Photo by Jessica Raspberry
If Shawn McDaniel wasn’t tending to libations at Keg and Barrel, the former software engineer would probably be somewhere tinkering with a computer. But his end goal is to eventually own his own restaurant or bar.
A product of Byram, just outside Jackson, McDaniel graduated from high school in 1997 and decided to play for a minute or two. As time passed and with $30 to his name, he came to the Hub City to attend college at the University of Southern Mississippi in 1999, where he graduated in 2002 with a software engineering degree.
He really wanted to work with computers and electronics, just tinker with stuff, but soon decided he needed another job.
Employment at the End Zone on Fourth Street solved his money woes and put him on track for what would eventually become his livelihood.
By nightfall on the day he applied for a job, he was flipping burgers in the kitchen of the End Zone. He cooked for about a year, at times helping the bartender when things got busy. Because the kitchen was located directly behind the bar, it gave him plenty of time to ask questions, become friends with the regulars and learn the tricks of the trade at another job.
He described it as a progression. He later would move to the bartender position and did that for a number of years.
McDaniel had been to a few parties and frequented a few bars, but bartending wasn’t anything he’d really done.
“It’s something I enjoy doing, talking with people” he said, admitting he wasn’t cut out for a sitting behind a desk all the time job. “It just sort of worked itself out. I never intended to be doing it for this long, that’s for sure.” He’s been tending bar for about 17 years.
And in those years, he’s heard two or three stories. “The funniest thing is you aren’t eavesdropping, but you hear EVERYTHING. You hear a lot of conversations between people that you kind of don’t comment on and don’t repeat. It gets pretty interesting sometimes.”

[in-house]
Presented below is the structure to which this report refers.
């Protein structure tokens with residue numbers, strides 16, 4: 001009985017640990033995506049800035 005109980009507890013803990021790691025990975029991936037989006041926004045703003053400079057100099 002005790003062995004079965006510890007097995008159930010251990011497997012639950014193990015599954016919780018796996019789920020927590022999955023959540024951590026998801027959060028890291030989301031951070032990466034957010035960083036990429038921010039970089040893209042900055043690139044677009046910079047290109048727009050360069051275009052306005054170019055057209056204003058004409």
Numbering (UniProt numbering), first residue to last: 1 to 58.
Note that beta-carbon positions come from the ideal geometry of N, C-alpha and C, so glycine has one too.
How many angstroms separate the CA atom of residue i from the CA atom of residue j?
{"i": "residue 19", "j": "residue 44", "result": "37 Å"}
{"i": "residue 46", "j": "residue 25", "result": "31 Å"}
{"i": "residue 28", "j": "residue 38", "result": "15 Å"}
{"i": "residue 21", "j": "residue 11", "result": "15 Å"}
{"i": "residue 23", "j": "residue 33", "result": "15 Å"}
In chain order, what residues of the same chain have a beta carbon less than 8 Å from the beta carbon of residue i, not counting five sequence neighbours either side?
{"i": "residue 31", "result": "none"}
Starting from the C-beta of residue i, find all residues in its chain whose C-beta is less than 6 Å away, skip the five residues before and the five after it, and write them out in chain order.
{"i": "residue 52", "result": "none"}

McDaniel likes creating. The Signature cocktail he created for the November issue of this magazine, a Pumpkin Pie Martini, is an example.
“I enjoy doing stuff like that,” he said. “At the End Zone, his creativity was fairly limited, since the establishment was more of a sports bar, where he said he was just blowin and goin’ as fast as he could go.
His move to the Keg and Barrel gave him the opportunity for a change. But he’ll always remember the End Zone, which was really good to him and gave him his start.
But the move to K&B opened some new doors. He’d been bartending for about 12 years when he moved to the Hardy Street business. “They really let me learn and try new things,” he said. The experience paid off.
“I've been fortunate to work alongside some awesome people,” he said. “Everyone at Keg, especially John Neal and Diana Hembree have been super supportive of me over the years, and I don't think I'd have had as much success in this business without them.”
When he first moved to the Keg, he said it was beer, beer, beer, beer.
“Now we’re selling more liquor than beer by a pretty good margin,” he said. “I’d like to say it’s because I do a good cocktail list, but I don’t know if that’s true or not. But whiskey has really become a trend the last couple of years.” McDaniel has tried to put together a classic cocktail list. “While we’ve always been a beer bar, we also want to change with the times, too,” he said. “We don’t want to try and limit ourselves to one thing, but try and branch out with old classic drinks. We like to fix them the way they are supposed to be done, but some with a spin on them.”